The FedEx miss is the worst Deutsche Bank analysts have seen in 20 years

The FedEx miss is the worst Deutsche Bank analysts have seen in 20 years

(Bloomberg) — Wall Street analysts didn’t mince their words when discussing FedEx Corp.’s forecast. for the current quarter — which missed by a wide margin — and withdrawing guidance for the full year. It is very bad.

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For Deutsche Bank AG researchers it is the worst report they have seen in two decades.

“FedEx last night announced the weakest set of results we’ve seen relative to expectations in our ~20 years of analyzing companies,” the bank’s analysts, including Amit Mehrotra, said in a note to clients.

The package delivery giant said in a statement Thursday night that it expects first-quarter earnings, excluding certain items, to be $3.44 per share, or about 33% below analysts’ average estimate of $5.10. In addition, FedEx withdrew its 2023 earnings forecast, saying macroeconomic trends have “deteriorated significantly,” both internationally and in the U.S., and are likely to deteriorate further, fueling fears of a broad-based decline in earnings.

At least four sell-side analysts who cover the stock cut FedEx recommendations on Friday, as the stock sank as much as 24% before closing the day down 21%. Robert W. Baird & Co. analyst Garrett Holland summed up the views, calling it an “ugly quarter.” The gloomy outlook sent shares of rival United Parcel Service Inc., e-commerce giant Amazon.com Inc. and European distribution companies quite in the red.

“The FedEx warning came as a slap in the face. It is a solid sign that the economy has started to slow down,” said Ipek Ozkardeskaya, senior analyst at Swissquote. “This is certainly the first of a series of warnings we may see for the coming quarters.”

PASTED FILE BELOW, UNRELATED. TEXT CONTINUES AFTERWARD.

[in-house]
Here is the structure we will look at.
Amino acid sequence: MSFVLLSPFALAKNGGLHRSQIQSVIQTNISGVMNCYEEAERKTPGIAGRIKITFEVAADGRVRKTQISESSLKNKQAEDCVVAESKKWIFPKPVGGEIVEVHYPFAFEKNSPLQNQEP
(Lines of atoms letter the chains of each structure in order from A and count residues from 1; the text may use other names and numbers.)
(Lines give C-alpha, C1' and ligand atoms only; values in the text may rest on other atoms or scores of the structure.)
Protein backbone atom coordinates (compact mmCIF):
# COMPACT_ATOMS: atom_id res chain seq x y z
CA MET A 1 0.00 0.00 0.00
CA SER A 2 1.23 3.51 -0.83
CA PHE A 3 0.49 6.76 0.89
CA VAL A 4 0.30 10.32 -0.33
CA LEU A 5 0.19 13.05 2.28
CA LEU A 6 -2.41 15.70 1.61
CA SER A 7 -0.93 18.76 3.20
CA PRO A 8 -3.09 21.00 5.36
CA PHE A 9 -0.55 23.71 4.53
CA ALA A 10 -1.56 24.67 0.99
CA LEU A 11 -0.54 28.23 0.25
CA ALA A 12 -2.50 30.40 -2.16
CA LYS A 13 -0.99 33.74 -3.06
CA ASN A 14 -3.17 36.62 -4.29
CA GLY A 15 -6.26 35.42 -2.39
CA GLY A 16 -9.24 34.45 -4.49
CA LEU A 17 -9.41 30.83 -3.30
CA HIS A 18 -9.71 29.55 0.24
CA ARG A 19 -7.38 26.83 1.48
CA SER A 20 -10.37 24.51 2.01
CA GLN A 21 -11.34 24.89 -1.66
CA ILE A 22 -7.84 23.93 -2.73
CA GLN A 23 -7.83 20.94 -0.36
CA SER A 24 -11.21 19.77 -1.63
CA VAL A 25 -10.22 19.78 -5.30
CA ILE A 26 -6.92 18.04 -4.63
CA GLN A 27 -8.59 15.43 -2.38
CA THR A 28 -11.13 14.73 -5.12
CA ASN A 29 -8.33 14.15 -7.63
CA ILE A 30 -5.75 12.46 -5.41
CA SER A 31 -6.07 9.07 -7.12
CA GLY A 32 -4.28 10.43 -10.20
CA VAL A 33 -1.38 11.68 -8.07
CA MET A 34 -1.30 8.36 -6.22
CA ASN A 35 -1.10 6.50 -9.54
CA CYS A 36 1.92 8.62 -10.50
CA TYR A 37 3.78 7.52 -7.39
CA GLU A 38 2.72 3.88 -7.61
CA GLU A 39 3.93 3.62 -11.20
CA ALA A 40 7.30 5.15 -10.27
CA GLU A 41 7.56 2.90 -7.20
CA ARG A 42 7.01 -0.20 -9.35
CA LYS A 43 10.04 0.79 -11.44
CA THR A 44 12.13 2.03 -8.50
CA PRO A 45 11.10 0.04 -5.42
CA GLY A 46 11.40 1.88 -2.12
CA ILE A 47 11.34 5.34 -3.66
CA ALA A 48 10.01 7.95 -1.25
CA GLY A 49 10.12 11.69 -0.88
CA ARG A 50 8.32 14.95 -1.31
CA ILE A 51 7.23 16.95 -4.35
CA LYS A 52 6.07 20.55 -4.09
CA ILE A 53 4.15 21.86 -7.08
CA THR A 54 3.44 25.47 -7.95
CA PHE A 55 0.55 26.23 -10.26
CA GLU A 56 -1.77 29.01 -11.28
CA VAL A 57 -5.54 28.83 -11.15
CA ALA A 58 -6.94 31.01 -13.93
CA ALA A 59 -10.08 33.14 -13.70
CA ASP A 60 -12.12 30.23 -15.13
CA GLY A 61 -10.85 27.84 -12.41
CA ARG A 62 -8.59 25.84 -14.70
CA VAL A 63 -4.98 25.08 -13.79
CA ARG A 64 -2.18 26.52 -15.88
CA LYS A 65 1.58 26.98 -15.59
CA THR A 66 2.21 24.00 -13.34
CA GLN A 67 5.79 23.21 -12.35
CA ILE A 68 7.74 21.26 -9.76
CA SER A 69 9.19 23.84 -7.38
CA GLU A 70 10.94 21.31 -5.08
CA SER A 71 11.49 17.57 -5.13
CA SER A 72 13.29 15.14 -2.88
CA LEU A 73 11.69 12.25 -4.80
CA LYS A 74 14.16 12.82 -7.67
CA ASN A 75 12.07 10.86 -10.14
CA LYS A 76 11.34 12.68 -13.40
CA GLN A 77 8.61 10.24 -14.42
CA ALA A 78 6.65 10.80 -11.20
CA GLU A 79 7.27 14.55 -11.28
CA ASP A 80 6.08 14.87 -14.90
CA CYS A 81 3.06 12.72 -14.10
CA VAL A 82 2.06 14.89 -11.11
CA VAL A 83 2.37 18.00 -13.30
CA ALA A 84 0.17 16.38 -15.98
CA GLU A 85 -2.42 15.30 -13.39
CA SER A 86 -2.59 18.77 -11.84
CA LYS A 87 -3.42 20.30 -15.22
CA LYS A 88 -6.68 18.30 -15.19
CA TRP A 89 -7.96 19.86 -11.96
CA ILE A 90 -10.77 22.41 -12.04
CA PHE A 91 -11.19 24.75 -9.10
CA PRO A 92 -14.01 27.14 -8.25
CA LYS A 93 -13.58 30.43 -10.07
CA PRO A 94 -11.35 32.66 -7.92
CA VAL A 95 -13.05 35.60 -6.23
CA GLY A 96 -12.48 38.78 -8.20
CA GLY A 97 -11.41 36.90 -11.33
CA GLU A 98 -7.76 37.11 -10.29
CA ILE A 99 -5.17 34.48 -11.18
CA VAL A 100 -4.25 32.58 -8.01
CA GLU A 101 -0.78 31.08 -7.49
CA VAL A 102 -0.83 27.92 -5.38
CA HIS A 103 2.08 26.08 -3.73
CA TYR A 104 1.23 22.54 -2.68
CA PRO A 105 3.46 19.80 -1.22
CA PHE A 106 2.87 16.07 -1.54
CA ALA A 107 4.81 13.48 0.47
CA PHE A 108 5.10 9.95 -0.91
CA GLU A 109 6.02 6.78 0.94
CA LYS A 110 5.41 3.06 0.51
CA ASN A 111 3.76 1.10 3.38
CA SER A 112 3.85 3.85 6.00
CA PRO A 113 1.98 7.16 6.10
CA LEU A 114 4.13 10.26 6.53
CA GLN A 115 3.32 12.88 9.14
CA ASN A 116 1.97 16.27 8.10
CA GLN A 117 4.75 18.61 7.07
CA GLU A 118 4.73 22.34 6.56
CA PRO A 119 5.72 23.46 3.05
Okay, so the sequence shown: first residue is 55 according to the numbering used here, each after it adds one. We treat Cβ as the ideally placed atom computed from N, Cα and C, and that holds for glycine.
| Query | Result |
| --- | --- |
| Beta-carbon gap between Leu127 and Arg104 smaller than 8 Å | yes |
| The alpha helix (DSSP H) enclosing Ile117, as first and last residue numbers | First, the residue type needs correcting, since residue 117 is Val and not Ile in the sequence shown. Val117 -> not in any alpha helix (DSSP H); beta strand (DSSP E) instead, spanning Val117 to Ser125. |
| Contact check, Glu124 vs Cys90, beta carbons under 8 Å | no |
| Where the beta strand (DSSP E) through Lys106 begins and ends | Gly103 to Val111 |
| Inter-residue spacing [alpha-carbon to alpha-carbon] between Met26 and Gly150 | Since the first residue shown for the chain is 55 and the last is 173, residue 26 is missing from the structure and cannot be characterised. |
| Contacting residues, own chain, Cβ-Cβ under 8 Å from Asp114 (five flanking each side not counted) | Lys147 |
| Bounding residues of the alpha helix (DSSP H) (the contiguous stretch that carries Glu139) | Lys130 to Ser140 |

Some strategists were already cautious about the earnings outlook before FedEx’s warning. Michael Hartnett of Bank of America Corp. said in a note on Friday that the earnings slump would likely push U.S. stocks to new lows, while Deutsche Bank strategists said corporate earnings were set to decline, putting the S&P 500 at high risk of a deeper selloff.

FedEx is not the only company to warn that the macroeconomic background is likely to affect results. The chief financial officer of General Electric Co. said on Thursday that supply chain challenges weighed on its performance in the third quarter, while some of Wall Street’s biggest banks expected deep declines in investment banking fees for the current quarter as investors remained worried by inflation, interest rate hikes and possible recession.

In Europe, profit warnings are already trickling in. British group Associated British Foods Plc warned that profits next financial year will be lower as rising energy costs and a stronger dollar weigh on clothing business Primark, while Swedish appliance maker Electrolux AB said profits will fall “significantly » in the third quarter amid sharply accelerating inflation and low consumer confidence.

Those ominous signs have already pushed analysts to moderate expectations, with weekly earnings downgrades outpacing upgrades for about four months in the U.S., according to a Citigroup Inc. But there may still be a long way to go to reset expectations – analysts’ earnings estimates for US companies are near record highs, despite an 18% drop for the benchmark S&P 500 this year.

To offset the myriad headwinds facing companies, some strategists suggest being selective about regional exposures heading into the earnings season.

“The weakness in FedEx earnings is concentrated in Asia and Europe, where we really see the biggest economic challenges, while US activity is quite strong,” said Marija Veitmane, senior strategist at State Street Global Markets. “This is consistent with our broader assessment of macroeconomic conditions at this time. Indeed, the US is our favorite market.”

Strategists at Goldman Sachs Group Inc. they agree, saying that American companies that do most of their work at home will fare better than those with exposure to Europe, where a recession is all but guaranteed. In dollar terms, the Stoxx Europe 600 has lagged the S&P 500 this year, while a 100% domestically sold Goldman basket of US companies outperformed those tracking those with high exposure to Europe.

(Updates closing price for FedEx stock.)

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